Trotwood police to be outfitted with body cameras for the first time

Trotwood is joining a number of area cities that have chosen to purchase body cameras for their police departments. GREG LYNCH / STAFF
Trotwood is joining a number of area cities that have chosen to purchase body cameras for their police departments. GREG LYNCH / STAFF

Trotwood is joining a number of area cities that have chosen to purchase body cameras for their police departments.

Trotwood City Council recently voted to spend $81,170 to buy 40 body cameras and accessories for its officers.

The measure comes more than a month after a police involved shooting that left 25-year-old Andrew Hogan dead and three Trotwood officers were placed on administrative leave. However, the move to outfit officers with body cameras is not in response to the shooting; the purchase was in the works long before the incident, Mayor Mary McDonald said.

“The time of legislation happened coincidentally,” she said.

The council members voted unanimously for the resolution, saying body cameras are needed because the city recognizes the value of video evidence to both law enforcement personnel and citizens.

“In a recent poll our community has given the Trotwood Police Department at 94% approval rating. We are extremely proud of the trust,” McDonald said. “I believe the cameras are the best way possible to assure everyone of interest when there is a question relating to police-citizen interactions.”

ExploreOfficer involved shooting leaves one dead, three officers on leave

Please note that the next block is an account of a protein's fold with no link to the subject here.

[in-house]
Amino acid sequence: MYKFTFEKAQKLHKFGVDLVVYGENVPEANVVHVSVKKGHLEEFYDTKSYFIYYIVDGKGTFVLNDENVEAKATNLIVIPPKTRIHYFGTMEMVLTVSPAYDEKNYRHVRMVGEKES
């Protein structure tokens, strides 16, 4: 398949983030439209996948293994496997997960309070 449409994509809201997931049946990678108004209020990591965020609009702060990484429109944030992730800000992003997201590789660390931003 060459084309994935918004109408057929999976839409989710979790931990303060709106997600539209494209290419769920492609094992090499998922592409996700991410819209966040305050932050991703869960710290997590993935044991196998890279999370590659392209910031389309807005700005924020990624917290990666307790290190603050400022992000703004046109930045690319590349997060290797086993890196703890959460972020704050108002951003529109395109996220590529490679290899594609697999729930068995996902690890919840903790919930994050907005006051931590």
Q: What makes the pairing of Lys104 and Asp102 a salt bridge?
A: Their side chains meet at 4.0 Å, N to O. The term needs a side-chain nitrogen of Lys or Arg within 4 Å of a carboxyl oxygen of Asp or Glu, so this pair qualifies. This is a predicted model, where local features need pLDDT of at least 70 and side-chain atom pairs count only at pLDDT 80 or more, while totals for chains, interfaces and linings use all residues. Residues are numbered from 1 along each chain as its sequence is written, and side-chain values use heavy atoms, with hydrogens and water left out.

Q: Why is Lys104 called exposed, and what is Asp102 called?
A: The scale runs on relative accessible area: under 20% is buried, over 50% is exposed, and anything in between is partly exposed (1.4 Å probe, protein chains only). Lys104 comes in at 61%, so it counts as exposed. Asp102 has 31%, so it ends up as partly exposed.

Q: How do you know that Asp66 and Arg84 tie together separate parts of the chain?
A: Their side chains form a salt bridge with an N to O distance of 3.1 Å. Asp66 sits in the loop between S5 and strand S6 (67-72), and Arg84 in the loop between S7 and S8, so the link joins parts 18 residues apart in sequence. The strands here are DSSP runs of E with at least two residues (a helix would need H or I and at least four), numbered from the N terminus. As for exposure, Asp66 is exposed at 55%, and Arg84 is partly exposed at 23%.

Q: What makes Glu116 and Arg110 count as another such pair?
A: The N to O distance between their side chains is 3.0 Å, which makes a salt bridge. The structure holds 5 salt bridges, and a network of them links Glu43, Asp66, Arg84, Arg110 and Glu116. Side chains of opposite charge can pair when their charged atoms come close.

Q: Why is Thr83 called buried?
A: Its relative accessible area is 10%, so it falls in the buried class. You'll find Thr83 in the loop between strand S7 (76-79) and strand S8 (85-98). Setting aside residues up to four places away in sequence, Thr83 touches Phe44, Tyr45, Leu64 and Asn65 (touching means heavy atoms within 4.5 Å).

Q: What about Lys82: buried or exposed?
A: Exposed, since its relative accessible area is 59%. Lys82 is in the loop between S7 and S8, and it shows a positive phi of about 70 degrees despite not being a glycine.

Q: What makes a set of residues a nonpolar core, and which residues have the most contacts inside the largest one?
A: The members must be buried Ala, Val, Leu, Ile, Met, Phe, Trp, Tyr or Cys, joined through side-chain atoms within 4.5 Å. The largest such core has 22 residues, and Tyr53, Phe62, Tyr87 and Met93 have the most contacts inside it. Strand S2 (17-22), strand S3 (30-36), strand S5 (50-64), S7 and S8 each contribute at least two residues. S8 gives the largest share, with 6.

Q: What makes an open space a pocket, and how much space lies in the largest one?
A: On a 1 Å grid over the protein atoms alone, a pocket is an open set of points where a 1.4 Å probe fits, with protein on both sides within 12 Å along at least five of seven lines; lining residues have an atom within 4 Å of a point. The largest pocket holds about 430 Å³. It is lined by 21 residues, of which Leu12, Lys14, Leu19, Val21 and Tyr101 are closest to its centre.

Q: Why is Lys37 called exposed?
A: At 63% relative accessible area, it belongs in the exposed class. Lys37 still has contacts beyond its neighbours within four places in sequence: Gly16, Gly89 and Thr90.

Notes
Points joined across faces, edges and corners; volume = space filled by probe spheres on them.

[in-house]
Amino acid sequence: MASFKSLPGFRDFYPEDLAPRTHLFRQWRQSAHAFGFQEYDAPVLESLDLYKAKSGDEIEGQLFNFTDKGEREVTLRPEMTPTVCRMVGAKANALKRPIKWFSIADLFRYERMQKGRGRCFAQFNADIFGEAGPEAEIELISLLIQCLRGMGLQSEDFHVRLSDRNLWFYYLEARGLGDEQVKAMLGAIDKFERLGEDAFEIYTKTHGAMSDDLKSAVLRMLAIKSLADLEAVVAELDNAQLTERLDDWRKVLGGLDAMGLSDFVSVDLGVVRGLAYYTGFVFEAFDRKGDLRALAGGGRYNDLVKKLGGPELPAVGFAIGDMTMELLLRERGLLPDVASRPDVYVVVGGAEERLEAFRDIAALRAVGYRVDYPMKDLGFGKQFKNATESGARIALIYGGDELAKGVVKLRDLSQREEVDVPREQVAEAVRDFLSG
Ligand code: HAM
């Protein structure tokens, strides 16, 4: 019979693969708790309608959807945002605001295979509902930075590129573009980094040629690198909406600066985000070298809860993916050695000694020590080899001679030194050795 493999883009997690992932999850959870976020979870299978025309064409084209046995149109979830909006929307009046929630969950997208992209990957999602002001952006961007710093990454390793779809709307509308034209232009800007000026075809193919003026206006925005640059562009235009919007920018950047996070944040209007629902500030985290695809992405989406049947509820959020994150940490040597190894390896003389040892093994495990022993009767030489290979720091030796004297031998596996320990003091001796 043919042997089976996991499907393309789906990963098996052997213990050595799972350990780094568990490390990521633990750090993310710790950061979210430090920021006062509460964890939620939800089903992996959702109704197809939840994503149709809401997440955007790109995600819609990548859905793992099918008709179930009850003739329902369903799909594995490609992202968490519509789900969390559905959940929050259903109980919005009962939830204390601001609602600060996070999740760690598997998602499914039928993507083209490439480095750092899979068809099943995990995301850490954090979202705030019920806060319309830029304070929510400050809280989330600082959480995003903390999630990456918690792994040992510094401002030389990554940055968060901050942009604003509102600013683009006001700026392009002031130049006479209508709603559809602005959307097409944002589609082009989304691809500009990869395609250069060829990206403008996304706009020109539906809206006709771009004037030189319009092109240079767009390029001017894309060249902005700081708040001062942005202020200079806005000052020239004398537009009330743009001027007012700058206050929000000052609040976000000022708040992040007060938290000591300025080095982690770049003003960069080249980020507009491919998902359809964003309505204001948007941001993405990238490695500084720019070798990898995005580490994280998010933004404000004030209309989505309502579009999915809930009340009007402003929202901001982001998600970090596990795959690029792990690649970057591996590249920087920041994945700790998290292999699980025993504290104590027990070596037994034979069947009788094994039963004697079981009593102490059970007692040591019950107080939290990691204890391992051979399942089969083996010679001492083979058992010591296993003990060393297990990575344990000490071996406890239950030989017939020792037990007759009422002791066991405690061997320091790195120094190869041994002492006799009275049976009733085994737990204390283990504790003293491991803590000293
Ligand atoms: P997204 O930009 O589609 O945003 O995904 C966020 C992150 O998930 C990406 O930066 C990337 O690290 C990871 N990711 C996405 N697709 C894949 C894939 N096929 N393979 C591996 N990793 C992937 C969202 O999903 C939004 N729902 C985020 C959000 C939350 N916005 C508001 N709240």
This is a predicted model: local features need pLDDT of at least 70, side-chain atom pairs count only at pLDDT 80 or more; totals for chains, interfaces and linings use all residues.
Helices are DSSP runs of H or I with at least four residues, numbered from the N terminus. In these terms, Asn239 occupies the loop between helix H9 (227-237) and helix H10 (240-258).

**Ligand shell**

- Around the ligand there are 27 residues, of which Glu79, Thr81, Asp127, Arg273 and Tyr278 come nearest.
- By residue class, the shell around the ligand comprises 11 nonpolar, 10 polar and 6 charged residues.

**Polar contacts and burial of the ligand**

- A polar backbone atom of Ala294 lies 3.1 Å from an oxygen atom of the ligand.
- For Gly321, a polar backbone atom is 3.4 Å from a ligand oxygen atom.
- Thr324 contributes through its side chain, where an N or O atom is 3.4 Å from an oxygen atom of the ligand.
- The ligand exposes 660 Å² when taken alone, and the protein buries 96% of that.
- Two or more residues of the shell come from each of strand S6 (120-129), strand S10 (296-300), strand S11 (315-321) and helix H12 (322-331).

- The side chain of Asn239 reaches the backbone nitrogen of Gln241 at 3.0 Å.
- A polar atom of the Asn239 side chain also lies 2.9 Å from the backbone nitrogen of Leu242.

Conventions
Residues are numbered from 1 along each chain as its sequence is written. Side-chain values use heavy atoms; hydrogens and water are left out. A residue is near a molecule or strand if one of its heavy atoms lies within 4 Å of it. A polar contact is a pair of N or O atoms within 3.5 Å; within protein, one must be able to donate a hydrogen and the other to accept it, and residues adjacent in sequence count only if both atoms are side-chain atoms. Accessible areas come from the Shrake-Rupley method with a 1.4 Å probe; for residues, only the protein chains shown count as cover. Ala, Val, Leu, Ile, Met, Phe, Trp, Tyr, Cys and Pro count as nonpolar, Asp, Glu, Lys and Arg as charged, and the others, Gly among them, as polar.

Police were called on a Friday night in February to a shoplifting complaint to the Speedway gas station at 5010 Olive Road. The suspect left before police arrived and was headed west on Shiloh Springs Road. Officers found the suspect, later identified as Hogan, about a block away near Kensington Apartment Complex, according to a release from the department.

During a press conference, Trotwood Police Chief Erik Wilson said Hogan struck one of the officers during the incident and that officers used pepper spray on Hogan, who reportedly refused to follow orders before he ran to the 700 block of Kelford Place.

While waiting for additional units to respond, Hogan left an apartment with a knife in his hand and was fatally shot.

Since last year, the NAACP Dayton chapter has demanded police officers wear body cameras when responding to situations.

“We definitely think it’s a step in the right direction. That goes along with the eight point pan that we launched last year in 2020. We are still calling on other police departments throughout Montgomery County, Ohio to follow suit and do the same prior to something happening in their respective communities,” said Derrick Forward president of NAACP Dayton Unit. “We applaud the city of Trotwood for exercising leadership and taking quick decisive action to get the body cams in spite of financial concerns.”

Wilson didn’t respond to requests for comment.

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